Medicare Supplemental Plan F is a comprehensive gap insurance plan that covers everything that Medicare A & B do not. It will pay for all of your deductibles, copays, and coinsurance. If you have an extended hospital stay, it will cover you. No matter what you are seen for, with your provider or a hospital, will not receive a bill. Of course, the premiums for this plan are the highest of all the Medicare Supplemental Plans.
Plan G is exactly like Plan F, except that it will not cover the deductible for Plan B. Because the deductible for Plan B is not very high, the premiums for Plan G are not that much less than Plan F.
Plan N is exactly like Plan G, except that Plan N also gives your doctor the option of charging you a copay between $0 and $20. Your doctor has complete discretion about whether to charge you this copay, and how much of the $20 he or she wants to charge. In addition, if you visit the ER, you will have a $50 copay, but only if you are not admitted.
Another factor in choosing Plan N pertains to Medicare Assignment. Some doctors accept Medicare patients but refuse to accept Medicare assignment. In other words, they may choose to charge the patient more than the amount approved by Medicare.
These excess charges are covered by Plan F and Plan G, but not plan N. Under Plan N, if your doctor charges you more than the assigned rate for your service, they have the right to charge you up to 15% of the assigned amount. For example, if your doctor charges you $250 for a service that Medicare only allows them to bill you $100 for, Medicare will cover $100 of the bill, and the doctor can charge you $15 (i.e. 15% of the billable amount, $100). To avoid this situation, check with your provider to make sure that they accept Medicare patients and Medicare assignment.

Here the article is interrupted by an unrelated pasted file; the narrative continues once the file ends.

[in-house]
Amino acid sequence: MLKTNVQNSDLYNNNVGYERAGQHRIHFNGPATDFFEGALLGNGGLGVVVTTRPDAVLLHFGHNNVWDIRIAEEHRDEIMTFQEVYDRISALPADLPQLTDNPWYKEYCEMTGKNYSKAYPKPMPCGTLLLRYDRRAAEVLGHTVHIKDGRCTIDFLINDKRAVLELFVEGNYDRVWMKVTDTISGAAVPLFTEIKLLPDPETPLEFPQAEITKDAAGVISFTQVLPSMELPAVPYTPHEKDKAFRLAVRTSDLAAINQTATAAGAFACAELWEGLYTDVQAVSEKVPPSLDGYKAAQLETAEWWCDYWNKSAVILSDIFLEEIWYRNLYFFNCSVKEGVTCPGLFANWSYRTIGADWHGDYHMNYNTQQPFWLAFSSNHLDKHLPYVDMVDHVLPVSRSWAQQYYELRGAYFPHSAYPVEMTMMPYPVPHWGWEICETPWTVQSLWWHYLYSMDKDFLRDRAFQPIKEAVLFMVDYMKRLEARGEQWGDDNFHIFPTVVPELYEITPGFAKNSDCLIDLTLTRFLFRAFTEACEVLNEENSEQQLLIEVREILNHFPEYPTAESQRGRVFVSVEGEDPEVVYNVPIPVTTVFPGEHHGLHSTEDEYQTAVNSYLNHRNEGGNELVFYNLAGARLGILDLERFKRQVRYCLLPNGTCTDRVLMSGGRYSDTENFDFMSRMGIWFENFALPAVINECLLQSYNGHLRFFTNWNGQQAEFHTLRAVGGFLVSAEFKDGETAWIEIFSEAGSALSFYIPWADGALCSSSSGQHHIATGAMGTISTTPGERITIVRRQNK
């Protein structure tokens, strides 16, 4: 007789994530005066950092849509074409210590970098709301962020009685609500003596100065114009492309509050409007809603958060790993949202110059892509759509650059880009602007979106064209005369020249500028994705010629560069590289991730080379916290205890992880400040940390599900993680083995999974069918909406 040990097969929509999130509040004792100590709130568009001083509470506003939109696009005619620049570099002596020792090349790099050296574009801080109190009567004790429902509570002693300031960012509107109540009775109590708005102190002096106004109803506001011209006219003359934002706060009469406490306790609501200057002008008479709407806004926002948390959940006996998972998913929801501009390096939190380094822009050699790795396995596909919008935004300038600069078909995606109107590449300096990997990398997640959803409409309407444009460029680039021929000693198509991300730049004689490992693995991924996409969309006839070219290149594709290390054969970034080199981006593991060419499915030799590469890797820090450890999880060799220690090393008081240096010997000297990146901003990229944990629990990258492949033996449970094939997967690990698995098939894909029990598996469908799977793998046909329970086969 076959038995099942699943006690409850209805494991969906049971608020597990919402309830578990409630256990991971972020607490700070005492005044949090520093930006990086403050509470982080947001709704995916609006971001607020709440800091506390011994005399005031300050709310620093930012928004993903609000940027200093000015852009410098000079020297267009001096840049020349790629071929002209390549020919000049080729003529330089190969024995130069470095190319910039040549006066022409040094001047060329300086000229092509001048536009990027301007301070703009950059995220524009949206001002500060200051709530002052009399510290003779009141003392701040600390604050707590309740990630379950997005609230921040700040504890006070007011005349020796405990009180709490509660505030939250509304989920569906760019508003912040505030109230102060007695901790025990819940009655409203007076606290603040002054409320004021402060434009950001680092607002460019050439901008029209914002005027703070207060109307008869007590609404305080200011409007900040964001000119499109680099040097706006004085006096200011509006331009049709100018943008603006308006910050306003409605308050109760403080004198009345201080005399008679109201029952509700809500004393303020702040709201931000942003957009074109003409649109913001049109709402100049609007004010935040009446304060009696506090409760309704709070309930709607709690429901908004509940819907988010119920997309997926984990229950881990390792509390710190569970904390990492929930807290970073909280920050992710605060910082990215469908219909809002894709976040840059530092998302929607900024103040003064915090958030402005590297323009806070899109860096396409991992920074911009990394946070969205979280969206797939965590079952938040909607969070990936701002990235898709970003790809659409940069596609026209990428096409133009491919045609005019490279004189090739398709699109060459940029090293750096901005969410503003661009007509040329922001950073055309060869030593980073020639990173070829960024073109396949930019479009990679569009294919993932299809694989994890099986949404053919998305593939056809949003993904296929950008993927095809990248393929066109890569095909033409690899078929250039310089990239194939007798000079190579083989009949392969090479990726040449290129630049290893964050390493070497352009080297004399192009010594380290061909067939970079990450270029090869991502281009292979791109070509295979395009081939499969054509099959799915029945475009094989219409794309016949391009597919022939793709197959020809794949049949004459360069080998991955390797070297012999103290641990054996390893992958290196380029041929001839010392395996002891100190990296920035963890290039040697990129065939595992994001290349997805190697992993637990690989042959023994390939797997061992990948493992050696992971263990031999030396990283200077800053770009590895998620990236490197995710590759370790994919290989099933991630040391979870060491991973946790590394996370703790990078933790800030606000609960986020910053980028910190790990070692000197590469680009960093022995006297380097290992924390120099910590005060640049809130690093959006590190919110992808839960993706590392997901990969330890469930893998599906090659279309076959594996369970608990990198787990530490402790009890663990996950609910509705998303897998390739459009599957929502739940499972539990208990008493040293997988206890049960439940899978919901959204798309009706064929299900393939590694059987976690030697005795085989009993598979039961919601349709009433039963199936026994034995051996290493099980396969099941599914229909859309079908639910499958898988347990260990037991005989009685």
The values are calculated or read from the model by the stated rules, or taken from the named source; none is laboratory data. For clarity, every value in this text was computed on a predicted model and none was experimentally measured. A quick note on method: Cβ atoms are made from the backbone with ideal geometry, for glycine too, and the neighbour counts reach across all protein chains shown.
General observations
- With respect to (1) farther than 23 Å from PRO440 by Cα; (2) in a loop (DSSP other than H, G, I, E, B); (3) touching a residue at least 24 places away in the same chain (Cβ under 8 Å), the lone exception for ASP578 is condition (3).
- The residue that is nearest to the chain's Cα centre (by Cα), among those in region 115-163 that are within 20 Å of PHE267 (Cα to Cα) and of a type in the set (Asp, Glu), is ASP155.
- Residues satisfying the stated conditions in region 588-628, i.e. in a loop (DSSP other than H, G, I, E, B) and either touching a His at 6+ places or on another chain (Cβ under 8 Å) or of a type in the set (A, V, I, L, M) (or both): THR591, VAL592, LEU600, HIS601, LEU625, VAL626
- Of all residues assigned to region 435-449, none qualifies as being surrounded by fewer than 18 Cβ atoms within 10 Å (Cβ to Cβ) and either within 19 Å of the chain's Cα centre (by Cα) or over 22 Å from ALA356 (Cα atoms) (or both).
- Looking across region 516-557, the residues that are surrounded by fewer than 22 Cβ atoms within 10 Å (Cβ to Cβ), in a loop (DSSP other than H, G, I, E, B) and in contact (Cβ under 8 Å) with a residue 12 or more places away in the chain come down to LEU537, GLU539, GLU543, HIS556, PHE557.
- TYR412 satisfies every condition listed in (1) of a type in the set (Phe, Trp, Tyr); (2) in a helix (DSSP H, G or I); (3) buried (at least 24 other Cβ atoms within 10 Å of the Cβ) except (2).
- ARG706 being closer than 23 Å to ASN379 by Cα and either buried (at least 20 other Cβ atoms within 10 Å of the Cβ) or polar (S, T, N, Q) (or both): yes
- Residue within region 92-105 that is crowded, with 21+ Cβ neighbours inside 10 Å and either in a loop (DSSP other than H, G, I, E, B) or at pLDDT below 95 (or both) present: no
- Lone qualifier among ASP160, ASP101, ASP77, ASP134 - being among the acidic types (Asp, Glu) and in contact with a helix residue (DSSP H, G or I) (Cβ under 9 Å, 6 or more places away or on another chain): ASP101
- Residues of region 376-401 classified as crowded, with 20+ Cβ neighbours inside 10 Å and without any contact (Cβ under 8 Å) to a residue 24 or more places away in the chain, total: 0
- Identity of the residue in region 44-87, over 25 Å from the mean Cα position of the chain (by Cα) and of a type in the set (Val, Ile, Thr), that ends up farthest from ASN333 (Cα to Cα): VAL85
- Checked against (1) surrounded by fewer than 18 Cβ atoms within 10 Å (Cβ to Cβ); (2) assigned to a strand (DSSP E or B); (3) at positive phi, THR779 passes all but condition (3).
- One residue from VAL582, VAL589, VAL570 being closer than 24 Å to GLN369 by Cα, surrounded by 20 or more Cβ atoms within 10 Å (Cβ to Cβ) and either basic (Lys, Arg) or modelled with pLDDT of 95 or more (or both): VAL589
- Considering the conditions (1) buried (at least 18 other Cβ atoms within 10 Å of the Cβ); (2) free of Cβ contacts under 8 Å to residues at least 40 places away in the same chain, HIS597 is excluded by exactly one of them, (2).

Plan M is exactly like Plan N, in that it will not cover your Plan B deductible and excess charges. However, it will not charge you copays for provider and ER visits. Also, it only covers half of the deductible for Plan A.
Plans C and D
Plans C and D are exactly like plan F, except that they will not cover provider excess charges in cases where your provider refuses to accept Medicare assignment. (See an explanation of Medicare assignment in Plan N, above.) Also, as with Medicare Supplement G, Supplement D will not cover your Plan B deductible.
Plans A and B
Supplement B, like Medicare Supplemental plan D, will not cover your Plan B deductible or excess charges. But it also will not offer you a foreign travel benefit, nor will it cover your coinsurance for any skilled nursing facility. Supplement A is like supplement B, except that A will also not cover your part A deductible.
Plans L and K
Plans L and K are similar to Plan M, except there are a few services, including hospice and nursing care, that they will pay portions of, whereas Plan M will cover them completely. Of these partially-covered services, Plan L pays 50%, while Plan K pays 75%. In addition, Plan K offers the foreign travel benefit, while Plan L does not.
Choose CAP Insurance Services for Medicare Supplements
If this list of Medicare supplements seems overwhelming, don’t worry. Each of these plans has a variety of pros and cons, depending the situation in which you might find yourself in need of using them. The important thing is: By choosing the right Medicare supplement, you acquire additional coverage that will put your mind at ease. When you face a difficult medical challenge, the last thing you want to think about is money.
Call on CAP Insurance Services to help you navigate through the selection of your Medicare Supplement. It takes keen insight to understand how these plans will help you going forward. Keen insight is what we offer. Come to us, and make the best choice.